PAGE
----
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Kidney Week

Abstract: TH-PO713

Additional Genes Associated with Atypical Hemolytic Uremic Syndrome

Session Information

Category: Genetic Diseases of the Kidney

  • 1002 Genetic Diseases of the Kidney: Non-Cystic

Authors

  • Kain, James, Machaon Diagnostics, Oakland, California, United States
  • Venkataramani, Sujatha, Machaon Diagnostics, Oakland, California, United States
  • Lim, Joo E., Machaon Diagnostics Inc., Oakland, California, United States
  • Raghuraman, Gayatri, Machaon Diagnostics, Oakland, California, United States
  • Lewis, Brad, Machaon Diagnostics, Inc, Oakland, California, United States
  • Ero, Michael, Machaon Diagnostics, Oakland, California, United States
Background

Atypical hemolytic uremic syndrome (aHUS) is a life-threatening, ultra-rare thrombotic microangiopathy. This partially penetrant genetic disease, featuring a characteristic triad of hemolytic anemia, thrombocytopenia and renal failure, is caused by complement overactivation. 50 to 80% of aHUS patients have a detectable genetic mutation in one of several genes that may lead to overactivation of complement. All aHUS sequencing assays cover a core group of complement genes: CFH, CFI, CFB, C3, MCP/CD46. Additionally, sequencing of CFHR5, THBD, DGKE, as well as copy number to detect the homozygous deletion of CFHR1-CFHR3 or CFHR1-CFHR4 (but not single nucleotide variants within CFHR1, CFHR3 or CFHR4 alone), are often included. More rarely, PLG is sequenced; its inclusion is based on findings from a single publication (Bu (2014) J Am Soc Nephrol 25, 1) where they found several aHUS patients harboring known, rare pathogenic PLG variants.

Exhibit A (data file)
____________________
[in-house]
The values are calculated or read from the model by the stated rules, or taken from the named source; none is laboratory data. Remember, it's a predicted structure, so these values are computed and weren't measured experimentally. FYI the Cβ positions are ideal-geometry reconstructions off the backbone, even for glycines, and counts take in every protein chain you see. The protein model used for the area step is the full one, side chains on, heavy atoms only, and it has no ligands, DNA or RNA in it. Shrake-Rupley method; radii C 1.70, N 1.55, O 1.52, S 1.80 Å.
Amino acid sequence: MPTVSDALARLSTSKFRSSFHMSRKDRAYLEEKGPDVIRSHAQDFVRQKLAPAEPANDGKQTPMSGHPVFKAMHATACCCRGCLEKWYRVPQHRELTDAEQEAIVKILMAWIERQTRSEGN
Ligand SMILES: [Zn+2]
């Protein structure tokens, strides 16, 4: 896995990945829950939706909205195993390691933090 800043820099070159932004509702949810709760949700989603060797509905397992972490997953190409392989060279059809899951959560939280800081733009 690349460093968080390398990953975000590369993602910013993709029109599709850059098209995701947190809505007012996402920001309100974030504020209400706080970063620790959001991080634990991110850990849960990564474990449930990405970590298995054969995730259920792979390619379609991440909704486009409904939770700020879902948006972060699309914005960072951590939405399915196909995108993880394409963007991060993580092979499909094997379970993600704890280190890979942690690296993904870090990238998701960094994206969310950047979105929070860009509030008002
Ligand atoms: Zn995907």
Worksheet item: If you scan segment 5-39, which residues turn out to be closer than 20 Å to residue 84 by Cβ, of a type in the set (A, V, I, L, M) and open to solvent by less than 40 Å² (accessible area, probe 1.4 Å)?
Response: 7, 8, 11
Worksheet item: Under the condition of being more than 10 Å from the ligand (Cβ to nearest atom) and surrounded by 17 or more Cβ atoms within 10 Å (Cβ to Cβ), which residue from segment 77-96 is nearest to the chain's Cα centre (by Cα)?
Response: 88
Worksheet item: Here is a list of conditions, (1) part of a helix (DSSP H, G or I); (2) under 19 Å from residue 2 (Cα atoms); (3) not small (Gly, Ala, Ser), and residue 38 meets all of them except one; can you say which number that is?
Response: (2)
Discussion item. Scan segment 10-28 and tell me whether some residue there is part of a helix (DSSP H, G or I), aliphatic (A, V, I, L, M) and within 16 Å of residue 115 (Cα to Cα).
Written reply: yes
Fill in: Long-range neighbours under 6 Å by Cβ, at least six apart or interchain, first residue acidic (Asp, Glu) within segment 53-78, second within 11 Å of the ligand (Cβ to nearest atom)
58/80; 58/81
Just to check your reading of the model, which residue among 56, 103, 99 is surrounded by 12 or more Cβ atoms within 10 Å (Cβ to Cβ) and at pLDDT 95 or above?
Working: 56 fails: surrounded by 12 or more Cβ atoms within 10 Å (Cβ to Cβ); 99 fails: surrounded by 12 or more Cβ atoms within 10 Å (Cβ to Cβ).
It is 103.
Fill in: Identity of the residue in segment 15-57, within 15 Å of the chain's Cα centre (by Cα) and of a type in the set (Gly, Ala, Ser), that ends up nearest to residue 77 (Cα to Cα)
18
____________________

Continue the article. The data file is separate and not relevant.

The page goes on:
Methods

Genomic DNA was extracted from patient whole blood and sequenced using an aHUS genetic panel. This panel comprised twelve genes (CFH, CFI, CFB, C3, MCP/CD46, CFHR1, CFHR3, CFHR4, CFHR5, THBD, DGKE and PLG) and was sequenced using targeted next generation sequencing. Variants were confirmed by Sanger sequencing as needed.

Results

Here we describe multiple instances where we detected suspicious variants within PLG and CFHR3 in patients where the aHUS Genetic Panel was ordered by their physician. Some of the suspicious variants we found in PLG (eight cases with p.Lys38Glu and one case with p.Arg253His) were the same variants seen previously by Bu et al; both variants are also associated with plasminogen deficiency. The suspicious CFHR3 variants we observed were severe (splice site, nonsense, frameshift) and either exceedingly rare or novel.

Conclusion

These results 1) replicate the finding by Bu et al of PLG having a role in aHUS, and 2) suggest a potential novel contribution from CFHR3. CFHR3 has previously only been implicated in aHUS as part of a large homozygous deletion that also removes the neighboring gene CFHR1. Furthermore, it is thought that in the case of this large homozygous deletion, it is the absence of CFHR1 that is causitive while CFHR3 is incidental. These results hint at the possibility that rare, dominant negative variants in CFHR3 may also lead to aHUS.